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China lowered the rate at which it lends to banks to support the economy deal with the fallout from the coronavirus. Photo: Reuters

Coronavirus: China slashes bank loan rate by biggest amount in five years, joining global easing

  • People’s Bank of China reduces 7-day reverse repo rate to 2.20 per cent from 2.40 per cent, the largest cut since 2015
  • Move comes as analysts expect China’s economy to contract in the first quarter for the first time since 1976

China’s central bank on Monday cut the interest rate it charges on loans to banks by the biggest amount since 2015 as authorities ramp up their response to the worsening economic impact from the coronavirus pandemic.

The People’s Bank of China (PBOC) reduced the interest rate on 7-day reverse repurchase agreements to 2.2 per cent from 2.4 per cent, according to a statement from the bank on Monday. The PBOC said this wwould keep liquidity sufficient to help the real economy.

The first cut to a PBOC policy rate since February is in line with a pledge by the Communist Party’s leadership on Friday to increase support to the economy through increased sales of sovereign debt, as domestic and international demand slumps due to the pandemic. The step brings the PBOC closer in line with the stance of global peers, who have loosened policy dramatically in recent weeks.

“The larger-than-usual rate cut is an expression that China is willing to join the coordinated consortium for economic stabilisation,” said Raymond Yeung, chief China economist at Australia & New Zealand Banking Group in Hong Kong. “Small and medium-sized businesses are collapsing for lack of cash flow.”

The larger-than-usual rate cut is an expression that China is willing to join the coordinated consortium for economic stabilisation
Raymond Yeung

A reduction in the central bank’s main tool to adjust the price of market liquidity also signals coming reductions in its main one-year funding tool, and potentially a corresponding cut to the benchmark deposit rate. Cuts to policy rates should also be reflected in the main market benchmark of the cost of lending to companies, the loan prime rate.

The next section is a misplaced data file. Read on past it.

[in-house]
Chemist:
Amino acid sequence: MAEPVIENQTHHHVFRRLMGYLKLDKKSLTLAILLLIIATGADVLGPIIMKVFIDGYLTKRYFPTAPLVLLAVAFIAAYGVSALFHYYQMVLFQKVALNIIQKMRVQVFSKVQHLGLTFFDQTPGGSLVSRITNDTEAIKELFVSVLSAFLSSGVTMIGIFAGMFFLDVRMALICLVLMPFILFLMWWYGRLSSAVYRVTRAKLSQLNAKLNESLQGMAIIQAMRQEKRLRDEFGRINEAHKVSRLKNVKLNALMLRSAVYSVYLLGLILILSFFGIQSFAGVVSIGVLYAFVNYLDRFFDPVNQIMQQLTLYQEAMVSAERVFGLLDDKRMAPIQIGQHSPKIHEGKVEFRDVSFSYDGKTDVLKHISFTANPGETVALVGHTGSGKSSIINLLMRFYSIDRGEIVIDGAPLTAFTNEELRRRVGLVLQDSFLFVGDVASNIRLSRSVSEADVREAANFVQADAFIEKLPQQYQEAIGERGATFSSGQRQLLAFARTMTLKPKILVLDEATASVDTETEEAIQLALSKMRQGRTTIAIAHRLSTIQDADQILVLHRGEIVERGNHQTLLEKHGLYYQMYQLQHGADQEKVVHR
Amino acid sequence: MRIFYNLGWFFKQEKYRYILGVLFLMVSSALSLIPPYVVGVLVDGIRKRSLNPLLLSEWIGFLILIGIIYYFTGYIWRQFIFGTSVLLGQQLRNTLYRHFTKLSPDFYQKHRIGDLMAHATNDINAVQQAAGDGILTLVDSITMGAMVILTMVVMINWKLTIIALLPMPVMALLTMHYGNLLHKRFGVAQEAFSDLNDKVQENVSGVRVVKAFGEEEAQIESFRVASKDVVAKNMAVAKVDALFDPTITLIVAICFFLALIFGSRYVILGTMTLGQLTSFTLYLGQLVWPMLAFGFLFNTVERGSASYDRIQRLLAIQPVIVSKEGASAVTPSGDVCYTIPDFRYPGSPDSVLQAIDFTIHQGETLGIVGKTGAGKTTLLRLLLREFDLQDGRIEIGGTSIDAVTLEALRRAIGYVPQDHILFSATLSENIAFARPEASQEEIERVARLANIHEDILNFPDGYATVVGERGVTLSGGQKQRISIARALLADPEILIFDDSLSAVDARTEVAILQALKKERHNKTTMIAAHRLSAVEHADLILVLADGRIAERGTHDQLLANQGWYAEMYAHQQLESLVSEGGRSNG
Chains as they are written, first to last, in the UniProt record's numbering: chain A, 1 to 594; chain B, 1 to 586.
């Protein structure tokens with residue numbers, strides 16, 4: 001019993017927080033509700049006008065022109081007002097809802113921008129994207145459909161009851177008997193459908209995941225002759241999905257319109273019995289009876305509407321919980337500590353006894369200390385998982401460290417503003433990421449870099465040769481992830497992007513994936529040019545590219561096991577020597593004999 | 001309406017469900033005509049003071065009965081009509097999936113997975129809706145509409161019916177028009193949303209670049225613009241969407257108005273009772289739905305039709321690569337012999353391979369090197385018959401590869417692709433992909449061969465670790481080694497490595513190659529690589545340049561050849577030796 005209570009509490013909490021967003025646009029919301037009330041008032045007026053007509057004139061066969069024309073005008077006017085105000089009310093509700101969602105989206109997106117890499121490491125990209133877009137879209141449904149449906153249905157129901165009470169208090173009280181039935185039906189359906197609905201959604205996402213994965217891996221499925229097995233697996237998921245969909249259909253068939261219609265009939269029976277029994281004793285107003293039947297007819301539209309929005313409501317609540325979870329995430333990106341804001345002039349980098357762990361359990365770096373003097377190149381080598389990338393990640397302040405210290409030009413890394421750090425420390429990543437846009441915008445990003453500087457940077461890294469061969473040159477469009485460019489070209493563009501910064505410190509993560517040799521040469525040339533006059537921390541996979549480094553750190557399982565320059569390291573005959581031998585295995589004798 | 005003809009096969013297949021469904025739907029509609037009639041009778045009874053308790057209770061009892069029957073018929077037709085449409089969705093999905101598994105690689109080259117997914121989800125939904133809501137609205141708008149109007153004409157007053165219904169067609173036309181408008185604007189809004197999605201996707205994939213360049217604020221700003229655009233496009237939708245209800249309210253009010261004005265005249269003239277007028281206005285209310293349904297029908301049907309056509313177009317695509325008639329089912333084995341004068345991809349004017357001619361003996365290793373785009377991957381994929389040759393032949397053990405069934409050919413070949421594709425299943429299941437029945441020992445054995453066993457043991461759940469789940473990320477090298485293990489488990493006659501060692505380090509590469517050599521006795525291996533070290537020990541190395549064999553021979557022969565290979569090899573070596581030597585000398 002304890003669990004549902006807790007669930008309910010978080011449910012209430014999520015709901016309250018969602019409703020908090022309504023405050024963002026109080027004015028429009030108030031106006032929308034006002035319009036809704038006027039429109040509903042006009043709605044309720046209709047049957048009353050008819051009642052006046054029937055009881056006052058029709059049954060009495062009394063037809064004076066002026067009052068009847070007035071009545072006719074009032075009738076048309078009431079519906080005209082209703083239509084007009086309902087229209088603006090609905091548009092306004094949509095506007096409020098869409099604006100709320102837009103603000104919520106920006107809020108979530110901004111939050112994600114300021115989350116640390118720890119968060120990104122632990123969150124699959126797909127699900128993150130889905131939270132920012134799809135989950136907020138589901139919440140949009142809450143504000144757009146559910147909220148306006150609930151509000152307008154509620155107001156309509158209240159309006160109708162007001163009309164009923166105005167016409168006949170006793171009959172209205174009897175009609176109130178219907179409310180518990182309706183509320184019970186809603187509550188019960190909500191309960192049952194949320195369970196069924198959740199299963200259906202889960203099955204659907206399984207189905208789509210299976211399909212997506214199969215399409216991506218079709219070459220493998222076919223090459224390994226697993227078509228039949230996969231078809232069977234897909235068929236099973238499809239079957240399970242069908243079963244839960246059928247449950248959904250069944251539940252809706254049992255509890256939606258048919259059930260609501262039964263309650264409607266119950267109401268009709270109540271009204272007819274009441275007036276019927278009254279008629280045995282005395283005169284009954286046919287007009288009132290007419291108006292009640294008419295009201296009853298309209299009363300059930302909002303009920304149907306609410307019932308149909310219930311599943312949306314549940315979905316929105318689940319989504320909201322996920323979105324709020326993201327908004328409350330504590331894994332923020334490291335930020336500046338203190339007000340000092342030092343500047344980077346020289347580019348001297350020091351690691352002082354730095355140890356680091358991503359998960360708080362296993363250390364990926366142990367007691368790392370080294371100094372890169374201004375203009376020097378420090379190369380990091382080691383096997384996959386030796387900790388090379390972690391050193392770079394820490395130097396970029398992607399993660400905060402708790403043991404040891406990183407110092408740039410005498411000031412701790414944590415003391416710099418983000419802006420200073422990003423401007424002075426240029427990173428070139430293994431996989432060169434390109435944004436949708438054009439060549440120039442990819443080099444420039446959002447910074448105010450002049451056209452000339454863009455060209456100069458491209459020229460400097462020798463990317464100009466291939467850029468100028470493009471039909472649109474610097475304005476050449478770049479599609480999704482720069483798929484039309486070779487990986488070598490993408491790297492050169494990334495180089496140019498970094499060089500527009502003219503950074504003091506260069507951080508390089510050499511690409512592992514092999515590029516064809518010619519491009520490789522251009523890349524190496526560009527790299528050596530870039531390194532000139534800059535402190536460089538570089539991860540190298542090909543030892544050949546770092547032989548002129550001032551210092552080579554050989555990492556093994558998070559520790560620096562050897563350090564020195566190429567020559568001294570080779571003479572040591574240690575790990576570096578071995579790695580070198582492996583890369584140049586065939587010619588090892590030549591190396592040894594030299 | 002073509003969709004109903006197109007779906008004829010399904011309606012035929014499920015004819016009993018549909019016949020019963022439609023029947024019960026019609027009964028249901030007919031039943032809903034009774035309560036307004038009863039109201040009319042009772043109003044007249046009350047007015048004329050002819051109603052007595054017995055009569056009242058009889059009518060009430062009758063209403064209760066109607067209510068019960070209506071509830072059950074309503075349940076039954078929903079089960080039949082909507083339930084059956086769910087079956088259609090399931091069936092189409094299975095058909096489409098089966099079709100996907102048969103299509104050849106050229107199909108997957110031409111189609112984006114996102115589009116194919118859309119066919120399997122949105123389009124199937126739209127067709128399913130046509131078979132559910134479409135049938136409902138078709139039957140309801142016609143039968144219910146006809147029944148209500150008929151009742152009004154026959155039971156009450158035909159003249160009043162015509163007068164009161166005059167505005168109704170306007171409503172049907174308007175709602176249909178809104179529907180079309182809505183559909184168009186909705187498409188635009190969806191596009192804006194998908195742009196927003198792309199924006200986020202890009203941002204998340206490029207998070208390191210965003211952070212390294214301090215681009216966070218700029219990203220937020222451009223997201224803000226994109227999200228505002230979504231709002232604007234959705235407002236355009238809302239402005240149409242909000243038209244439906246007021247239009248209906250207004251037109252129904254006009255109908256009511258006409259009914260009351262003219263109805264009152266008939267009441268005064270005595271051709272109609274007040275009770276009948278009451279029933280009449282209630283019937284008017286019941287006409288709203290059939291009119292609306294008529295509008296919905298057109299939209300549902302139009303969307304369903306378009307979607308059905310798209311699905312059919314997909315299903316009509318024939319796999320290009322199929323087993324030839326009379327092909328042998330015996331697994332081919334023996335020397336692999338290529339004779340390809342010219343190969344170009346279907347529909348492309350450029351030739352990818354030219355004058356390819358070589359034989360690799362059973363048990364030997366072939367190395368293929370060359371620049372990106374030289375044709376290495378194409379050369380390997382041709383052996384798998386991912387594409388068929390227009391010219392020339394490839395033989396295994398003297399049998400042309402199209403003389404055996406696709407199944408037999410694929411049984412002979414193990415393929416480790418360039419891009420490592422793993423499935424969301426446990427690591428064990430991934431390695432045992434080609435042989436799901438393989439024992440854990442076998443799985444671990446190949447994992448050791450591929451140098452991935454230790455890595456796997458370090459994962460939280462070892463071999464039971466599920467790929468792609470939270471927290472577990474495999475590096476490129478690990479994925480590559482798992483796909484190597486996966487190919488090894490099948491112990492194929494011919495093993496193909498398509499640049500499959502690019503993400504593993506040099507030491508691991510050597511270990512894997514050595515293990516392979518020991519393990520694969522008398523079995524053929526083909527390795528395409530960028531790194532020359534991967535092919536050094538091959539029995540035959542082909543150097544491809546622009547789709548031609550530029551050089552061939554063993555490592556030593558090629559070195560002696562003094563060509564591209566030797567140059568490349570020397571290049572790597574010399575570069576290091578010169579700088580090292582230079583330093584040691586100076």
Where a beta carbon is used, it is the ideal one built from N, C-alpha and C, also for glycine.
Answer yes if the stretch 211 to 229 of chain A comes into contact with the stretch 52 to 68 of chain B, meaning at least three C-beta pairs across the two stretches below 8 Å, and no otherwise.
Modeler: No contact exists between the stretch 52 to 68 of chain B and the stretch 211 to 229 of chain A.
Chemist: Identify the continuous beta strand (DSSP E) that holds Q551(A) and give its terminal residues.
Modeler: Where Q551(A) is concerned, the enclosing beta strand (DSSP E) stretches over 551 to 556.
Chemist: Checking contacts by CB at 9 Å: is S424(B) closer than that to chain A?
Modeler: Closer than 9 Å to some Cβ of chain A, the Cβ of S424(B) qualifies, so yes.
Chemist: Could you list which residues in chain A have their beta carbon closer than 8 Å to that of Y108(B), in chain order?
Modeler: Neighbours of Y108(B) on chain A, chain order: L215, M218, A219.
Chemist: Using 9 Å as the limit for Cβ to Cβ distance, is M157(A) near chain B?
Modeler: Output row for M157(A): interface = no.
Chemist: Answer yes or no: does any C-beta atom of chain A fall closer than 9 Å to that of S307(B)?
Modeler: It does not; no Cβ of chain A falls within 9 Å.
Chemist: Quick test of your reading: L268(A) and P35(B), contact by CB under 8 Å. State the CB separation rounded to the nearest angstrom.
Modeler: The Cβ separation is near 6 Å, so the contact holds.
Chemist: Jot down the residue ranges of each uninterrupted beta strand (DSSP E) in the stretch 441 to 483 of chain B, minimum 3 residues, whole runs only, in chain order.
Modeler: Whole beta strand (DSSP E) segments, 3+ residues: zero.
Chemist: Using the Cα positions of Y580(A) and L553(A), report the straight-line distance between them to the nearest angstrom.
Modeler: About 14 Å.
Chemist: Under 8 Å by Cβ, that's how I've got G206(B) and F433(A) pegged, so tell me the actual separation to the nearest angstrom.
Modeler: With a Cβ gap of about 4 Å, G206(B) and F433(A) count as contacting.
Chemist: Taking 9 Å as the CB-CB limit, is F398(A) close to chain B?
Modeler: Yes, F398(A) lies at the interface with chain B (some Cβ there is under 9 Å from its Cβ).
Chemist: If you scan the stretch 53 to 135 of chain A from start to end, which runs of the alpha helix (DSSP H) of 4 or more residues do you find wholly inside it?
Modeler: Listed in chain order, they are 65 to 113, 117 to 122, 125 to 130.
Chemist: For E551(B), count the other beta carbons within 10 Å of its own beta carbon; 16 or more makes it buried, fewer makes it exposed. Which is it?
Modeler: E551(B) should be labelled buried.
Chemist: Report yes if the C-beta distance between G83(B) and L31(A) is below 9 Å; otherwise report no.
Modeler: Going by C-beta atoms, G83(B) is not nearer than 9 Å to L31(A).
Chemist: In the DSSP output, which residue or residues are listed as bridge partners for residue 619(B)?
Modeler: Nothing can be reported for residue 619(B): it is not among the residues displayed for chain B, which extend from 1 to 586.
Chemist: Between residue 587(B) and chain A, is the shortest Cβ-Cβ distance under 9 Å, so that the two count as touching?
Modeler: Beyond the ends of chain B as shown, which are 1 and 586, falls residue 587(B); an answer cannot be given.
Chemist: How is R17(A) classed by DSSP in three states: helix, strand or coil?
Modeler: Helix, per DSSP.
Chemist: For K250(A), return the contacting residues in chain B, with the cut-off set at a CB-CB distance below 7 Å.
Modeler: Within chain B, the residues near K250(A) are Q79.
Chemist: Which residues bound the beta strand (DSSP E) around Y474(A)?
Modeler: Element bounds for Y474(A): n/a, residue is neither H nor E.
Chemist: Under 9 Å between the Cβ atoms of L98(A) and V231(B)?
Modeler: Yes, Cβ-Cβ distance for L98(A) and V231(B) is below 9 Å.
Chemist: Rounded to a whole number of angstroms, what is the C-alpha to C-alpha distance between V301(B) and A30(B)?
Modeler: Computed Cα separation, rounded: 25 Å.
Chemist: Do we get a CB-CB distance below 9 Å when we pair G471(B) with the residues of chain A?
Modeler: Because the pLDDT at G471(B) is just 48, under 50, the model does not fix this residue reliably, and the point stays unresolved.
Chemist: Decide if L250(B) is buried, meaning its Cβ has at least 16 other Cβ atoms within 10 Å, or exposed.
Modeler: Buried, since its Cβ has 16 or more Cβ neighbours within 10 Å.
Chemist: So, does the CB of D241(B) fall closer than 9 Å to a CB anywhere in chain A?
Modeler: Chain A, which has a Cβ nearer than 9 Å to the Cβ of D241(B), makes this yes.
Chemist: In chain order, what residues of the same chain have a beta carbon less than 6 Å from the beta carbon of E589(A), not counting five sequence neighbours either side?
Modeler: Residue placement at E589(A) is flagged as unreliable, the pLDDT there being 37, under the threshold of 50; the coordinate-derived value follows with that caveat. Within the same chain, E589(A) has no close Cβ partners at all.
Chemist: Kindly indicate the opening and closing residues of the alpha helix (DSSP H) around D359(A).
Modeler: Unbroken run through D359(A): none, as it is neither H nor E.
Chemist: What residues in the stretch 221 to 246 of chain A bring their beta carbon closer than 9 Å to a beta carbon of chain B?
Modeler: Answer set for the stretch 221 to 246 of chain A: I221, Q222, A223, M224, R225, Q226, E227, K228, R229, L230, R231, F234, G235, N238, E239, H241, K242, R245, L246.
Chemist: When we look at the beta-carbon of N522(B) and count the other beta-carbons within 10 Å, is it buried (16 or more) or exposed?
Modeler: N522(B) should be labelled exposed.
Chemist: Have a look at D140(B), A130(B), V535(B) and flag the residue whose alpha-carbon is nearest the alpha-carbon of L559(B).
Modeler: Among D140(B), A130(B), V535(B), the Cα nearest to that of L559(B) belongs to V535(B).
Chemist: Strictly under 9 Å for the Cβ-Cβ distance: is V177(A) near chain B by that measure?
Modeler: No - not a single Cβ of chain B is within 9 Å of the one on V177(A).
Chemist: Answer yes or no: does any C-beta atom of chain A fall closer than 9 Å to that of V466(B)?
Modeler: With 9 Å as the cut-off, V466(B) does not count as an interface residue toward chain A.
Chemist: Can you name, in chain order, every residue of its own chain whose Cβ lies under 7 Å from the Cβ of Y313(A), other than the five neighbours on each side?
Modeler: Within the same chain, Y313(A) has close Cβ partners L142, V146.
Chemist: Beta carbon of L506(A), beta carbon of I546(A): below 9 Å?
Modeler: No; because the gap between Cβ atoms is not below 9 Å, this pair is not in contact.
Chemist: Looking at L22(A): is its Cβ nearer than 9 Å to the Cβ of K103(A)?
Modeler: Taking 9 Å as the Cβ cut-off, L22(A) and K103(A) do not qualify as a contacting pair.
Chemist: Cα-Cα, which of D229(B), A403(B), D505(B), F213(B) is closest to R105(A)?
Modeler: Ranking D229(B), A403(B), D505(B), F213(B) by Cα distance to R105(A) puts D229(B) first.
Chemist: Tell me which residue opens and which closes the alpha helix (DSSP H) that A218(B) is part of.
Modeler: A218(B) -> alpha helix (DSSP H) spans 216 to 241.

“Lowering banks’ lending rates without a reduction in the cost of their liabilities will squeeze banks’ net interest margin, eroding their profitability and capital base,” said Ding Shuang, chief Greater China and North Asia economist at Standard Chartered Bank. “A benchmark deposit rate cut is necessary.”

China will increase its fiscal deficit as a share of gross domestic product, issue special sovereign debt and allow local governments to sell more infrastructure bonds as part of a package to stabilise the economy, according to a Politburo meeting on Wednesday, Xinhua reported late on Friday.

In a separate statement published the same day, the People’s Bank of China called for better coordination of global macro policies, while re-emphasising it will keep liquidity sufficient to help with the real economy and watch out for inflation risks.

The cut on Monday indicates the PBOC has entered “a stage with stronger countercyclical adjustment,” out of consideration of both domestic demand and the global virus outbreak, Ma Jun, a PBOC adviser, said in a statement sent to the media after the rate cut. “The PBOC doesn’t use its bullets all at once. China still has plenty of room in monetary policy.”

Economists have lowered their median forecast for economic growth to 2.9 per cent for 2020, down from 6.1 per cent last year, in what would be the slowest pace since 1976, when the Cultural Revolution wrecked the economy and society. Until the past few days, China’s policymakers had maintained a relatively cautious programme of easing, mindful of the nation’s heavy debt load and of risks to financial stability.

While the Politburo statement and the PBOC move signal the response is moving up a gear, it still falls short of a no-holds-barred stimulus.

The leaders of the Group of 20 said last week they were injecting more than US$5 trillion into their economies to fight the effects of the outbreak. Central banks globally have slashed interest rates and started quantitative easing programmes.

“Certainly, the policy easing is continuous and today’s liquidity injection at least suggests that the policy aid will be mildly constant and will be more proactive when the authorities deem necessary,” said Zhou Hao, an economist at Commerzbank AG. “China is joining the global easing wave.”

China’s move came only a few hours after Singapore’s central bank took unprecedented easing steps on Monday to support a trade-reliant economy being slammed by the coronavirus outbreak.

The Monetary Authority of Singapore, which uses the exchange rate as its main policy tool rather than a benchmark interest rate, lowered the midpoint of the currency band and reduced the slope to zero. That implies the central bank will allow for a weaker exchange rate to help support export-driven growth and to ward off deflationary threats.

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